Dr (Ms) Ledwaba, Chief Director: Human Resources, then briefly charted the history of collective bargaining in the Defence Force. Court decisions by Judge Smit and Judge Bertelsman had posed challenges for the Department. The Minister would be hamstrung in the execution of his powers. The approximately 80% of SANDF members who were not unionised, were 'held hostage' by the unions' stance.

Discussion
Mr M Moulana Sayedali-Shah (DA) expressed concern at the high number of fraud charges brought against Brigadier-Generals and other high ranking officers. He wanted to know the exact nature of these charges.

Rear Admiral Smart said the charges were a result of plagiarism in examinations and misrepresentation of travel expenses.

Mr D Dlali (ANC) wanted to know who provided the structure to safeguard and manage the records of military trials.

R Adm Smart said the MLS provided the service. The MLS was not structured to provide this so it over-stretched MLS staff.

Mr M Booi (ANC) asked who selected Military Judges, and what criteria was used. R Adm Smart said personnel acquisition was the province of the Human Resources division. The MLS provided job specifications, and a Department selection board then assessed the suitability of candidates. Military Judges are assigned by the Minister of Defence on recommendation of the Adjutant General.

Mr B Ntuli (ANC) presumed that certain grievances went through the Military Ombudsman, yet this had not been mentioned in the briefing. R Adm Smart said there was a Senior Investigator responsible for the Military within the Public Protector's Office. The operation of the courts, and thus the MLS, was outside the investigator's jurisdiction.

The Chairperson pointed out that 300 cases had come before the Public Prosecutor in the last year, which was indicative of the failure of the Military to deal with its own grievances. It was important that a closed system like the Military dealt with grievances internally because the Public Prosecutor, and other external arbitrators, would not understand the Military. This was not good for the development of mutual trust and camaraderie within the SANDF.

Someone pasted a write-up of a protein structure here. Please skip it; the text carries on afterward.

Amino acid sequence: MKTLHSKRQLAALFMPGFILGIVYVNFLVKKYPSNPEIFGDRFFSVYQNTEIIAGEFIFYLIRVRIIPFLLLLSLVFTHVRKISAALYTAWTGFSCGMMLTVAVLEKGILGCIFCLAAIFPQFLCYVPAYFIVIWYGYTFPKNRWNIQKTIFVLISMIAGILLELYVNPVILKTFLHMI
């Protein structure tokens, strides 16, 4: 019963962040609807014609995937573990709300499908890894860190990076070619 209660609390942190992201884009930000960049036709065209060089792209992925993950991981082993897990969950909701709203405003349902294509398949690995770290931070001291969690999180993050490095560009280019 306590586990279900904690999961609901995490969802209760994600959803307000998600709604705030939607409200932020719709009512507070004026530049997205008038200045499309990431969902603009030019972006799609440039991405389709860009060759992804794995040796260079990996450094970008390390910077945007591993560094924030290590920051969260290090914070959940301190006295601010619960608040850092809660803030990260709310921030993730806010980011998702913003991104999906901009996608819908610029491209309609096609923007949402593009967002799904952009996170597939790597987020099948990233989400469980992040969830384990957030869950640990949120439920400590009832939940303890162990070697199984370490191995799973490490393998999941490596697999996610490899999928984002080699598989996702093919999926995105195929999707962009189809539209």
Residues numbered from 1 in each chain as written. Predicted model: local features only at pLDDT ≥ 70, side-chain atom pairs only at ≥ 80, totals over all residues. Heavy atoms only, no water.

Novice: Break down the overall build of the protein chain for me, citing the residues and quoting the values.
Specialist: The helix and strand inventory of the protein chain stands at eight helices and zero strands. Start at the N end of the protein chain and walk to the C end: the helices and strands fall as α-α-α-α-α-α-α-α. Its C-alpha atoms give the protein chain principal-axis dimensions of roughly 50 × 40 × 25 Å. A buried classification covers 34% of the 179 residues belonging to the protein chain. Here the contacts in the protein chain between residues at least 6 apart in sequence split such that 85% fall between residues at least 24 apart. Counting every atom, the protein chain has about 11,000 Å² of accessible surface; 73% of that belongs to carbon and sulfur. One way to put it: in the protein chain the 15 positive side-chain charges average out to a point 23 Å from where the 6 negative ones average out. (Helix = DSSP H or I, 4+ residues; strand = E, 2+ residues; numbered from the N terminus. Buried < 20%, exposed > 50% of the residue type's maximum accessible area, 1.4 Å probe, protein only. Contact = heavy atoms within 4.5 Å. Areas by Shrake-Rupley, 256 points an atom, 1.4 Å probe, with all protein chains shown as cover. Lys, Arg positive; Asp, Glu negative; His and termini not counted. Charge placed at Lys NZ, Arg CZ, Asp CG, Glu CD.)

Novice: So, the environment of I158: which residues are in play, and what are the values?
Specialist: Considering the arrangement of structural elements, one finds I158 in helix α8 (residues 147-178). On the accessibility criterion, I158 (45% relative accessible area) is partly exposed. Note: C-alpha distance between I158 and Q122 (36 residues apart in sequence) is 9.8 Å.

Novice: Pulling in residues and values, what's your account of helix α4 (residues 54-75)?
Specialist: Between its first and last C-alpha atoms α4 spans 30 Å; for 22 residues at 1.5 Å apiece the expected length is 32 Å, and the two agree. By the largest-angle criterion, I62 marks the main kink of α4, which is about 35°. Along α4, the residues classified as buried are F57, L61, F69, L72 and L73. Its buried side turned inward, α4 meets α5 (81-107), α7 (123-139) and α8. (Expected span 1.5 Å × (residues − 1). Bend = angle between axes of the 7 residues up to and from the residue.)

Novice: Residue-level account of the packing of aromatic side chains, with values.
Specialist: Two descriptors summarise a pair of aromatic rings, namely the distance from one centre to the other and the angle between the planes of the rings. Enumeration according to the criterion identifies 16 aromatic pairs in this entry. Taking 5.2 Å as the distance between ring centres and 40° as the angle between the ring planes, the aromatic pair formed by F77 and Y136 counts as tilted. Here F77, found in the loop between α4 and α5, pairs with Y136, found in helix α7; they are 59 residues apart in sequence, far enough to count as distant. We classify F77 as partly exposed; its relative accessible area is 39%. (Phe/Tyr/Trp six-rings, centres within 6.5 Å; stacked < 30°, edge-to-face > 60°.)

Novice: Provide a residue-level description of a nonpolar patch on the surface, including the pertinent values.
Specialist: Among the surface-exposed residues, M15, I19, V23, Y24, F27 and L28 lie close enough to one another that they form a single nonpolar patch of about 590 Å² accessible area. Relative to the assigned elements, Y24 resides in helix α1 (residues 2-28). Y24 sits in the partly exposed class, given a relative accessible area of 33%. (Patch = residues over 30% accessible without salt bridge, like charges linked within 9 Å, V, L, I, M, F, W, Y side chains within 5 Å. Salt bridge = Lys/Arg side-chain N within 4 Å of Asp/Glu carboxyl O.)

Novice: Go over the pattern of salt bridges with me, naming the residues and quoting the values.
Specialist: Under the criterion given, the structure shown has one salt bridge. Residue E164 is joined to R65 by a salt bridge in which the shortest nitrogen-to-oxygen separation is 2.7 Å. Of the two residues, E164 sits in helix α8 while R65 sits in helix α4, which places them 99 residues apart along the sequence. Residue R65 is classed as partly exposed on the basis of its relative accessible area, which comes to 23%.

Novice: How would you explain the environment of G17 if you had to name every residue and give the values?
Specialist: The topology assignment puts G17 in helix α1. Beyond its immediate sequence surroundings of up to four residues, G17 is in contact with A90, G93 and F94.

Adv Z Madasa (ACDP) wanted to know if there was a ongoing training programme to make SANDF members aware of their rights. R Adm Smart said this was a challenge. There was a programme that sought to promote rights as much as possible, but the issue needed further attention.

Mr C Burgess (ID) commented that, in many of the Military cases with which he had been involved, the trial had been adjourned, so that the presiding judge could phone Pretoria for advice. The Committee expressed concern about this.

R Adm Smart said this was acceptable when the judge was phoning for information about the scheduling of senior judges or for collegial advice, otherwise this was not acceptable.

Mr Burgess was concerned that the Commanding Officers Disciplinary Hearings, part of the existing Military Court structure, was unconstitutional. R Adm Smart said that the Disciplinary Hearings constituted an admission of guilt procedure. An appearance before a commanding officer is determined by the accused and not by the prosecution. However, the Constitutional Court had indicated that the Forum should be chosen by the prosecution. This would be dealt with in future legislation.

The Chairperson asked how the vast majority of the Military staff not in trade unions, pursued their grievances.

Dr (Ms) Ledwaba said that Forums served this purpose, but that the effectiveness of these Forums varied greatly from area to area.

The Chairperson was concerned that the Military Arbitration Board (MAB) had the power to bind the Minister and the Government. He recognised the absolute necessity for collective bargaining, but said it was the right of the Minister to draw up general regulations. He did not know of a precedent for the MAB anywhere in the world and said the issue needed immediate attention.

The meeting was adjourned